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Yglesias, Data, and Unions

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Matt Yglesias wrote a piece that interpreted research by economist Brigham Fransden that suggested that unionizing private sector workplaces is not good in the end for those workers because newly unionized workplaces close down more often and see older and higher paid workers move on to be replaced by lower-paid, less experienced workers.

Limiting the pay of the highest-earning members of a particular company in the context of a marketplace where most companies aren’t unionized naturally has the effect of inspiring many of those higher-earning workers to seek new jobs elsewhere. This plausibly also explains the finding that recently unionized companies are more likely to go out of business. If you lose your star performers to the competition, you put your business at risk.

I’m not really convinced of this, but the question is worthy of further research. The presentation of Fransden’s paper says much about the problem with Vox-style (also, 538-style) reporting in that it takes a single article and presents it as the God honest True Data that gives us the one single take we all need to know. Is there something to Frandsen’s conclusions? It is possible. I do not know. Is a single study enough that Yglesias should be presenting it as the truth on private sector unions? No, absolutely not. Is the question worth more studying, perhaps by someone actually exploring real workers in a field outside of economics, as well as by more economists? Yes, absolutely. Then maybe we can come to some conclusions on the matter.

It’s also worth noting that Fransden’s paper is self-published. It’s not listed under his publications on his department website and there’s no evidence from the linked PDF of publication. So in other words, the conclusions that led Yglesias to write a well-read piece and present it as truth have not gone through the peer review process. This doesn’t per se mean the research is not valid of course. I don’t really know about economics, but a self-published piece in history, even something as sophisticated as a statistical-heavy working paper, would have about as much relevance as a blog post.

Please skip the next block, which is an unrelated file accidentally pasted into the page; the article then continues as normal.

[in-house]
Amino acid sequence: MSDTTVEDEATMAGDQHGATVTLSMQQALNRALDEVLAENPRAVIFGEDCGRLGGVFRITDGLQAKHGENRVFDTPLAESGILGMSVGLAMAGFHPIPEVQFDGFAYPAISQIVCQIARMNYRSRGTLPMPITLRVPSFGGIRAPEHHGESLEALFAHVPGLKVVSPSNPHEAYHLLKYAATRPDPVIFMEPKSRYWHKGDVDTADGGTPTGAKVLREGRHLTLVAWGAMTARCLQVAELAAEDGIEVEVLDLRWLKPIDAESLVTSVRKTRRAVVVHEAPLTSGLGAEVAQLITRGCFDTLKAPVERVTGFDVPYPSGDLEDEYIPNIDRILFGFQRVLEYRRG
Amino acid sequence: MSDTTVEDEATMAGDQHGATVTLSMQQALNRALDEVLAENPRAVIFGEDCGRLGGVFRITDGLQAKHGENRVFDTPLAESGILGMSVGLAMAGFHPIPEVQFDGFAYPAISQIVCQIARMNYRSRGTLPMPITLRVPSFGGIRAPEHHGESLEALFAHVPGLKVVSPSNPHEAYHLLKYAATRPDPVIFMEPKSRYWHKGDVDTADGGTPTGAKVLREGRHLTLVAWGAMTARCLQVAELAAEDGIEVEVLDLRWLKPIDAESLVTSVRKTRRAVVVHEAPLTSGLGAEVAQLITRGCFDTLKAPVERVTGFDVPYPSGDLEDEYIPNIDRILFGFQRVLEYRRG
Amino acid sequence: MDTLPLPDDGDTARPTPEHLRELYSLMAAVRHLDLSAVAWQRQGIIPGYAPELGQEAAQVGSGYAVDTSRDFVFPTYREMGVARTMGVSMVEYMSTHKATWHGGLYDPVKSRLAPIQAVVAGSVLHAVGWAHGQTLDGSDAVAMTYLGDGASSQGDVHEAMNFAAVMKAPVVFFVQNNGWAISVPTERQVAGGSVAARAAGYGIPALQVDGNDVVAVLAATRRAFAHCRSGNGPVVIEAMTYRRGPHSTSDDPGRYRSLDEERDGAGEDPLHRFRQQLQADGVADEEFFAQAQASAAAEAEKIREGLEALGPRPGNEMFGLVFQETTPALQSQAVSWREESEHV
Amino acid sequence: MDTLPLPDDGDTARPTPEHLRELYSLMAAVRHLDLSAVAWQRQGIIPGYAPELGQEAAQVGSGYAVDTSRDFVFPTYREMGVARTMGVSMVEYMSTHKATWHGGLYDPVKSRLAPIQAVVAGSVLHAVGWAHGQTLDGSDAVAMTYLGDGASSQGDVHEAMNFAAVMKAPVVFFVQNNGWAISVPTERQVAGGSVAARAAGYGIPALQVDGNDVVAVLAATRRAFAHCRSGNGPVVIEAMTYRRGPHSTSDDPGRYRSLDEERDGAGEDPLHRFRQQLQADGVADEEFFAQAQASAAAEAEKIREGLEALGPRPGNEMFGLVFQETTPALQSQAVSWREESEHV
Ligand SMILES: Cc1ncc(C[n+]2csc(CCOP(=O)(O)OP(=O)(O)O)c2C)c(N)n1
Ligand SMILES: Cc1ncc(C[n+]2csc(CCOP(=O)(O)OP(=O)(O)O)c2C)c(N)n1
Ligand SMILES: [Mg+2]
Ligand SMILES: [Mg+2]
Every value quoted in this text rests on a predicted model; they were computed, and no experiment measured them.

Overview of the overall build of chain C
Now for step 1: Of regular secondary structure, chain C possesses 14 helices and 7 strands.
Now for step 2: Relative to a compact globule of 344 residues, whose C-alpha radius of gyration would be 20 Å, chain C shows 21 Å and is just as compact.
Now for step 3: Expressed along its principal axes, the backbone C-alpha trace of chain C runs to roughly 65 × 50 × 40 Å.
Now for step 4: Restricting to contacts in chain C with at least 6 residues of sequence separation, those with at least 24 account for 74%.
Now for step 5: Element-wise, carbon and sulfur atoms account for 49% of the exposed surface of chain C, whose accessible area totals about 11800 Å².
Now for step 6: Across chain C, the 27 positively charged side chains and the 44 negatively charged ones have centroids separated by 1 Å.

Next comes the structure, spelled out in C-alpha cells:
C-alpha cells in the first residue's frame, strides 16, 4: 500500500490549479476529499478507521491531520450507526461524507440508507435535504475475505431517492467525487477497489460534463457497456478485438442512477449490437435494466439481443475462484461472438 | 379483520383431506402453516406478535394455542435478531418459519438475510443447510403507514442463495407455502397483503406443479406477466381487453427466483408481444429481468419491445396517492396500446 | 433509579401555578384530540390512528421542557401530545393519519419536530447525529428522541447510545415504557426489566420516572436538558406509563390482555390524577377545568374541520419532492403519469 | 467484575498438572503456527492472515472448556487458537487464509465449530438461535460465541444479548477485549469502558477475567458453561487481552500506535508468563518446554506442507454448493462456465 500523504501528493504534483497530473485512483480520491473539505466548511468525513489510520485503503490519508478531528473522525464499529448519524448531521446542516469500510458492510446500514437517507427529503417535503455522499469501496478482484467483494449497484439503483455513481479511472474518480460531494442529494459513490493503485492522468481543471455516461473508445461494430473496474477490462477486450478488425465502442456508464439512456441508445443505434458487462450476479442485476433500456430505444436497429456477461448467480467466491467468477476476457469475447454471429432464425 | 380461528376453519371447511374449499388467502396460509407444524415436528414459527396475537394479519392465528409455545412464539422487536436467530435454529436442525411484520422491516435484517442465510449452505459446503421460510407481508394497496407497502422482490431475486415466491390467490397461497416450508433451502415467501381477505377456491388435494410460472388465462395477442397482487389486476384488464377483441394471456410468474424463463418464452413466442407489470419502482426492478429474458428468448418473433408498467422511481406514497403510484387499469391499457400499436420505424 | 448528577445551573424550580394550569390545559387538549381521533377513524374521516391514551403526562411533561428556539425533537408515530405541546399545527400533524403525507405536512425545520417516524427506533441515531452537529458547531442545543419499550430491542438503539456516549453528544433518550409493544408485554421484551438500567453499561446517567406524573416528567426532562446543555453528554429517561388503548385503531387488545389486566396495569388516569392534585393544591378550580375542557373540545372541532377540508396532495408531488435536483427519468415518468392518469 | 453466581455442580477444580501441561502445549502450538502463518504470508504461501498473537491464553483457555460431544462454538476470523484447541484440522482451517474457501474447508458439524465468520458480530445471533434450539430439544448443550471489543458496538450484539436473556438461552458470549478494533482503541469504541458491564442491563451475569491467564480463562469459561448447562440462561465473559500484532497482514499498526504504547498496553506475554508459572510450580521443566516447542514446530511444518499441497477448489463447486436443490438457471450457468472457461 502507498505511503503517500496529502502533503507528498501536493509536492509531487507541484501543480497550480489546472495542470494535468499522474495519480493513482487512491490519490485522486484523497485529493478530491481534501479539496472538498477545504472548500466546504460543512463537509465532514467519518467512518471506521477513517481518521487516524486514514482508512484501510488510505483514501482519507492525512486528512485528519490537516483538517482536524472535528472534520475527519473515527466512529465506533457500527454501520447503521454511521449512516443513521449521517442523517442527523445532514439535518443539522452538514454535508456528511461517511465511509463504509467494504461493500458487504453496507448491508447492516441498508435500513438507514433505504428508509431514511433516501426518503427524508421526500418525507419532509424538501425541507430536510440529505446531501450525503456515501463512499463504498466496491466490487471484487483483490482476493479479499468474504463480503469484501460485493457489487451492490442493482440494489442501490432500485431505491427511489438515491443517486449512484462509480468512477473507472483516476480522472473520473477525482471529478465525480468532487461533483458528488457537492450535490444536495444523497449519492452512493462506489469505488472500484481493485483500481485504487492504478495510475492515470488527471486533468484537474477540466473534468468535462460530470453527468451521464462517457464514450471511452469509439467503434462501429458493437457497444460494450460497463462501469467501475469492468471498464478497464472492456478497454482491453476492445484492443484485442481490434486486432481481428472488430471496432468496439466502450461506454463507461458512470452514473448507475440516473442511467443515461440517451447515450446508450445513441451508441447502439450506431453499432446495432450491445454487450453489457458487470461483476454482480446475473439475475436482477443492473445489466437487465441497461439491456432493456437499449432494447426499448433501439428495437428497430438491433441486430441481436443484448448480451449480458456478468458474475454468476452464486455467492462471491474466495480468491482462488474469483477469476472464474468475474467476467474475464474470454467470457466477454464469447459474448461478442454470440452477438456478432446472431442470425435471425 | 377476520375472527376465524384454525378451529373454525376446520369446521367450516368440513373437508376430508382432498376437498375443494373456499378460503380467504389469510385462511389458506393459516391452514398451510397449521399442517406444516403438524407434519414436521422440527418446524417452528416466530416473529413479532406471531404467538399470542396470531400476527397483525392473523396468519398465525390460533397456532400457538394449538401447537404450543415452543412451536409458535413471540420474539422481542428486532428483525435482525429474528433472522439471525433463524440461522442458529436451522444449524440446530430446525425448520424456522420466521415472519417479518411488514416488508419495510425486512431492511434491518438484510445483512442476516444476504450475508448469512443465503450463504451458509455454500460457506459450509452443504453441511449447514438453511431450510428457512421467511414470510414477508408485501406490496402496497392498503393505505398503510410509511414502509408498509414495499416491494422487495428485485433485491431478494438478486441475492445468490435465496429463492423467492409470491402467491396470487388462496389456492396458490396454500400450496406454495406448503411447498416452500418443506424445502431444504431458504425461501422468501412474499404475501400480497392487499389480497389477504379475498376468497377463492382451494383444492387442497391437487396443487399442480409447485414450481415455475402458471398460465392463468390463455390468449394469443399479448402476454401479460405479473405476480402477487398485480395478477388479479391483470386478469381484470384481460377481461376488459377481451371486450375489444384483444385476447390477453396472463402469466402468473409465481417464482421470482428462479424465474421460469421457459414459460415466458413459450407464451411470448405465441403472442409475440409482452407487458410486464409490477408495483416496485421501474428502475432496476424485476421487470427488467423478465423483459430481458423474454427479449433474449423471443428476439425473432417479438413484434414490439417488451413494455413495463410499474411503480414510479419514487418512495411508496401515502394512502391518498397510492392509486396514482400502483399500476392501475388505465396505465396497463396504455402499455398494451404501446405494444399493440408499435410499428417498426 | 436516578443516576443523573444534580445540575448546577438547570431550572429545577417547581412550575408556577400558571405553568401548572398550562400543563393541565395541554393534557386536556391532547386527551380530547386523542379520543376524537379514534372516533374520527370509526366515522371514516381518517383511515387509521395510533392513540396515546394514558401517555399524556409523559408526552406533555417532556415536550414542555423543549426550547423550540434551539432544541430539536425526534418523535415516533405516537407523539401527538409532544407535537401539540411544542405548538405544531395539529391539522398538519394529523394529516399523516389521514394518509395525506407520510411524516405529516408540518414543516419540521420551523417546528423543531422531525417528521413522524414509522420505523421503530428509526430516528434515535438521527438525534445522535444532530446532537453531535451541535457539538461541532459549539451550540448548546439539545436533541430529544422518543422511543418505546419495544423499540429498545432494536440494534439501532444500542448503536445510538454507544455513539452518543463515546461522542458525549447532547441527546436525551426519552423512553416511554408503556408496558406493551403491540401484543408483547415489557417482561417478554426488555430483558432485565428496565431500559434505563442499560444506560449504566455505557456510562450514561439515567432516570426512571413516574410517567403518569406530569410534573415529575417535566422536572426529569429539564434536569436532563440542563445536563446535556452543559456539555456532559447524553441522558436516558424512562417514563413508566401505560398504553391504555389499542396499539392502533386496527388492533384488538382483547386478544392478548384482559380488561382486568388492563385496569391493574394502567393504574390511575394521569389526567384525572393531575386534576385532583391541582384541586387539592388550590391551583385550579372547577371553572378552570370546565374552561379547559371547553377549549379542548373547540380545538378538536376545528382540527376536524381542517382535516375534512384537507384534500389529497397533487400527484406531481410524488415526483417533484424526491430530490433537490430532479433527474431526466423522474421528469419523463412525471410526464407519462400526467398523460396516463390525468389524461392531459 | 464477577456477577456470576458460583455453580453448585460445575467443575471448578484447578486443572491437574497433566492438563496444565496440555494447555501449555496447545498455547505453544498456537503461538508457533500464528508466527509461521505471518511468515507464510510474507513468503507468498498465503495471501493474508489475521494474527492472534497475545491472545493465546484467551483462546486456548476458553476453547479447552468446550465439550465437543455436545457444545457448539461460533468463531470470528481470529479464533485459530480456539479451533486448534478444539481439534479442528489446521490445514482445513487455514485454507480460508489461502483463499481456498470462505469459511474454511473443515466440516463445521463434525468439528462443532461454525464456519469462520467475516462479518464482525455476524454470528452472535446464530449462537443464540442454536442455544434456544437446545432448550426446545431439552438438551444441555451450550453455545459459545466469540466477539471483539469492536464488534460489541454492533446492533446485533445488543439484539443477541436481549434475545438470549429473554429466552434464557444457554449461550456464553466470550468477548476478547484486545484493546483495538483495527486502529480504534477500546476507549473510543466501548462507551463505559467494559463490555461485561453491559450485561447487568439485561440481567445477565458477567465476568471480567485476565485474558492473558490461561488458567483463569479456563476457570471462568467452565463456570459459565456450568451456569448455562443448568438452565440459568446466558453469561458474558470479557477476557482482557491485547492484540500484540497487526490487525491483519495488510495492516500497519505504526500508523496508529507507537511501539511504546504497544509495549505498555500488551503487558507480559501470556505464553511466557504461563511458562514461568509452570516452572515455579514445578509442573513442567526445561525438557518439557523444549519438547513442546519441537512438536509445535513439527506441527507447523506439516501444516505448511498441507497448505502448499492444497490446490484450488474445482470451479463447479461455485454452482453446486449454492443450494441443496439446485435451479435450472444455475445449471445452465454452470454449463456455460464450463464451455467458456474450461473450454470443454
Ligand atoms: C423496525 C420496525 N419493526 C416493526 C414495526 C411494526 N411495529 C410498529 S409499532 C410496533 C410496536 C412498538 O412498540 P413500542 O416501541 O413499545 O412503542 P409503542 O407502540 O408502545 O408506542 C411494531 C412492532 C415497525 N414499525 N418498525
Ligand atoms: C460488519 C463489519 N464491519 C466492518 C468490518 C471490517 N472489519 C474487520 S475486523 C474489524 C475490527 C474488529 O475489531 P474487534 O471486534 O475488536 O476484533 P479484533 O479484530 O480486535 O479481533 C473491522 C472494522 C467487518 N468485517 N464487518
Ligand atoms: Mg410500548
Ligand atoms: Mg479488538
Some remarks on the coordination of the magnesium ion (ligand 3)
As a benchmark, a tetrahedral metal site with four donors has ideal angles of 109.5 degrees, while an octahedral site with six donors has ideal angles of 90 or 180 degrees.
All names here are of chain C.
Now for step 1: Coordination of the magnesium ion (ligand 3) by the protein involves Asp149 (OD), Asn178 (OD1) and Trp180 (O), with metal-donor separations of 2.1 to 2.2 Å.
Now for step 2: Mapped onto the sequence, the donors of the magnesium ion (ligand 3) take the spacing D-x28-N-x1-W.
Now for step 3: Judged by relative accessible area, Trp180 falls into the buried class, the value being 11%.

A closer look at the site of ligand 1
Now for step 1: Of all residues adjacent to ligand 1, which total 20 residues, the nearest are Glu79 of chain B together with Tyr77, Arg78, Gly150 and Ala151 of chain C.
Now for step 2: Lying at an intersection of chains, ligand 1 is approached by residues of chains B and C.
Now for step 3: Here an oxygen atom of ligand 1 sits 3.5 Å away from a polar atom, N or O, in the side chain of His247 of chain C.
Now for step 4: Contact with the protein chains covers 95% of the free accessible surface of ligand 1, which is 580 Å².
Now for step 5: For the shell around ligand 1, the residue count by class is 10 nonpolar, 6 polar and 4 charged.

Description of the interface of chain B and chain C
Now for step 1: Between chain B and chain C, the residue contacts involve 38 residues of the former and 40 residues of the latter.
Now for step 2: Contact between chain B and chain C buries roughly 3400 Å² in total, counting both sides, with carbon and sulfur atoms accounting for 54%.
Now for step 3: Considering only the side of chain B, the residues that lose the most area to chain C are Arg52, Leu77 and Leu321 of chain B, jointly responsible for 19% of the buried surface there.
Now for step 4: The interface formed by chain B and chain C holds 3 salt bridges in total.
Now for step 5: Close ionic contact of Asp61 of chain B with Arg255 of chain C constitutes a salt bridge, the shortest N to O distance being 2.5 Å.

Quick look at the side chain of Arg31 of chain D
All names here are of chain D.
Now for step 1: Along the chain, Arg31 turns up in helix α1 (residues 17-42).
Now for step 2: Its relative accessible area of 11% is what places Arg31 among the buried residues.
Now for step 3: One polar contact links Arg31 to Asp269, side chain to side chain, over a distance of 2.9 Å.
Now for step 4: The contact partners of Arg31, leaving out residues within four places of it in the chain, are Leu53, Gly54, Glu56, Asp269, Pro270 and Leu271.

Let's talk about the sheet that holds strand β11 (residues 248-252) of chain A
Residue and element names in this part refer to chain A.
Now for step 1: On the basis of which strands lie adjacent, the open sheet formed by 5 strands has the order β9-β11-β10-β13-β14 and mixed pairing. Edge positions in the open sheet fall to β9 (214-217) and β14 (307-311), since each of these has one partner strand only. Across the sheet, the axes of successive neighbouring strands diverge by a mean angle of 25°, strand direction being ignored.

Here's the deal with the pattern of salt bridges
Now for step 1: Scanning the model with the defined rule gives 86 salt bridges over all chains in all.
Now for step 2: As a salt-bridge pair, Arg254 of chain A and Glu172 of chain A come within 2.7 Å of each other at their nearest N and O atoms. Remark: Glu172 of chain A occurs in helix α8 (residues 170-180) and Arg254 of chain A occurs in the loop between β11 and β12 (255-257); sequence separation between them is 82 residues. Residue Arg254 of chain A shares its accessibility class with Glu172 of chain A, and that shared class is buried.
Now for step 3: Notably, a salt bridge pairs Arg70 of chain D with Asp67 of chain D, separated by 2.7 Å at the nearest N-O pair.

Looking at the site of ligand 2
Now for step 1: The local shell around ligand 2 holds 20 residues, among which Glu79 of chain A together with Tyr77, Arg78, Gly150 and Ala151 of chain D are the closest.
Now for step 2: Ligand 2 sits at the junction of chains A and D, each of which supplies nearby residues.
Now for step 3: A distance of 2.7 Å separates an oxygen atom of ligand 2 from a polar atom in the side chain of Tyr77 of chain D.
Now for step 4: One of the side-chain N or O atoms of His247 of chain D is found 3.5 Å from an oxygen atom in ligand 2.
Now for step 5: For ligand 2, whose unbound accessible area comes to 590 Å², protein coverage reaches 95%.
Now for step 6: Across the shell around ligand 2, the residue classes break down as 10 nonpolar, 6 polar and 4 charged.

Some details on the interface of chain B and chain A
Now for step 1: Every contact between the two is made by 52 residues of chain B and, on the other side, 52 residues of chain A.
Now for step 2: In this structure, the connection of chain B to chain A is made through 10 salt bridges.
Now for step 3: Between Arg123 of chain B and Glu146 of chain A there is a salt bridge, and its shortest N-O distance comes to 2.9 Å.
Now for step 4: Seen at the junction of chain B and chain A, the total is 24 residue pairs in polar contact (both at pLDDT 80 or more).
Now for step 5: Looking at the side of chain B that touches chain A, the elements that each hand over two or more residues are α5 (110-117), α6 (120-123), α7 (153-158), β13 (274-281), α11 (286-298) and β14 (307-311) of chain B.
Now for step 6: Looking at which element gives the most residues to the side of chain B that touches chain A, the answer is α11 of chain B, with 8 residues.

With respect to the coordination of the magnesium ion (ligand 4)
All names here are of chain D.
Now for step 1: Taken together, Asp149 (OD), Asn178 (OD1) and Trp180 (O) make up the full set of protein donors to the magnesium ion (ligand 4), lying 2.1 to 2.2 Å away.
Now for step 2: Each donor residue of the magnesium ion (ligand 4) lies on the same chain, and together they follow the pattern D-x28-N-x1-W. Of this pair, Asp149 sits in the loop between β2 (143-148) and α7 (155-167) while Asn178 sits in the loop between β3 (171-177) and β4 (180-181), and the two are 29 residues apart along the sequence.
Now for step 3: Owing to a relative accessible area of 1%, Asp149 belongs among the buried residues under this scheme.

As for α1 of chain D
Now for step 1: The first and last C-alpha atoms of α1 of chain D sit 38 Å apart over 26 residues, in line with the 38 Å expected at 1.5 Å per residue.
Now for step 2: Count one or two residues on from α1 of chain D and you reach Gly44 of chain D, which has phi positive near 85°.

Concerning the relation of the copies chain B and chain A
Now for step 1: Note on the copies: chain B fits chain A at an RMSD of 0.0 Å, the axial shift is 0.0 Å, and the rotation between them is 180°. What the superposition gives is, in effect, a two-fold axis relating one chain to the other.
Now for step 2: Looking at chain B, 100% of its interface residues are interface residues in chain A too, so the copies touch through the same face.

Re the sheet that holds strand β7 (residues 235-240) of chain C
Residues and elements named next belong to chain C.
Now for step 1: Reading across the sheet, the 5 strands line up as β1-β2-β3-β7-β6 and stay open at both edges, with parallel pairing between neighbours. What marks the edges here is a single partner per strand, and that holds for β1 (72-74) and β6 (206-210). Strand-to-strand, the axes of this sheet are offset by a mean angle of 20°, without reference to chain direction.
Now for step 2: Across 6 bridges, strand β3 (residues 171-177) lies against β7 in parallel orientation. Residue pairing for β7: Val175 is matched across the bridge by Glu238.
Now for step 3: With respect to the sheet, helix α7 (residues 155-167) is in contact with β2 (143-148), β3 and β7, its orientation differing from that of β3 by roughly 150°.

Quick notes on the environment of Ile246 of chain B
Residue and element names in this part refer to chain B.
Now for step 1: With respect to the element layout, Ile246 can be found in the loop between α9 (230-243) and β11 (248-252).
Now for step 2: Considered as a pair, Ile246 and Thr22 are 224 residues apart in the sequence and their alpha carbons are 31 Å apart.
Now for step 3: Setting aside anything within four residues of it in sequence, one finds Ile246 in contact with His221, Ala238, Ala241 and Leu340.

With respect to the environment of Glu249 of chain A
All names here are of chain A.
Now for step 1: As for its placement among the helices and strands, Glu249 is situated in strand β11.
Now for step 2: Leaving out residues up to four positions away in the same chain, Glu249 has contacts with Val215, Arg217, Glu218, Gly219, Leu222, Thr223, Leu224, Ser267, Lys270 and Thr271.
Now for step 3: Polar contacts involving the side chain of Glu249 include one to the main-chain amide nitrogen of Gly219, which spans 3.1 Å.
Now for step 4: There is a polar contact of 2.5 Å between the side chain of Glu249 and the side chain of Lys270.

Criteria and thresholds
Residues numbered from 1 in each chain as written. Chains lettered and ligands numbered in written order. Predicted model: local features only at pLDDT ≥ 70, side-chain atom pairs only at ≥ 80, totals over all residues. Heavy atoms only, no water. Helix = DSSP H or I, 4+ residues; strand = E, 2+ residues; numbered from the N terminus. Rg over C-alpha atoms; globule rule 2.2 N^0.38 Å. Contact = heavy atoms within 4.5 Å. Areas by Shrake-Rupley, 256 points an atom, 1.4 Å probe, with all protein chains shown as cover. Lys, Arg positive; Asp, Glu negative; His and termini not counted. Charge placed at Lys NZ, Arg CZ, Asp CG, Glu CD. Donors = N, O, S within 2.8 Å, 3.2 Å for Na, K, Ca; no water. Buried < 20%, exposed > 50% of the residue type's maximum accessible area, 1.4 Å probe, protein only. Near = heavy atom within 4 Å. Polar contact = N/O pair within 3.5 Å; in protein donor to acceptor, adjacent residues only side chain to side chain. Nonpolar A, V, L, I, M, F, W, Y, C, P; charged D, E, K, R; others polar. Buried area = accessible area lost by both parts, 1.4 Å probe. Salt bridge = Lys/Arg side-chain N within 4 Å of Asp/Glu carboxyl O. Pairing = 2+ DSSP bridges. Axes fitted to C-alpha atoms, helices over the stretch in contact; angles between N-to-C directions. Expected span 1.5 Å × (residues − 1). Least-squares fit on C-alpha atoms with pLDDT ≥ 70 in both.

Yglesias and his cohort treat data as something sanctified. But what about human bias? What’s are Fransden’s politics? How are they affecting his data? It’s a question we have to ask. And then of course, there’s Yglesias’ own political leanings on labor, which have been on display for years. While broadly sympathetic for reducing income inequality and the like, as far as I’ve ever seen, Yglesias has never publicly supported a labor struggle. Meanwhile, he has dismissed the deaths of 1100 Bangladeshi workers as a reasonable price to pay for the nation’s economic development, he slammed the Chicago Teachers Union struggle (see Farley’s dissection of this here) and teachers unions over and over, supporting the worst kind of Rheeist interpretations of issues in public schools. It also goes without saying that he opposed the Huffington Post boycott. He also decided the best response to the firing of high ranking tech executive and misogynist Pax Dickinson was to troll the labor internet. Naturally then, his response to the BART workers strike was to say that paying public transportation workers more was a bad idea.

So given this long-established history of talking about unions and strikes in a negative way, we also have to ask ourselves if the Yglesias writing on this topic tells us more about his own predilections than the relative success of the recently unionized workplace. Like how my writings about labor should be considered within the context of my support for organized labor, Yglesias’ writing on labor need to be considered within the context of his history of not supporting union efforts. Instead, it’s published as politically neutral. Just the facts, Ma’am.

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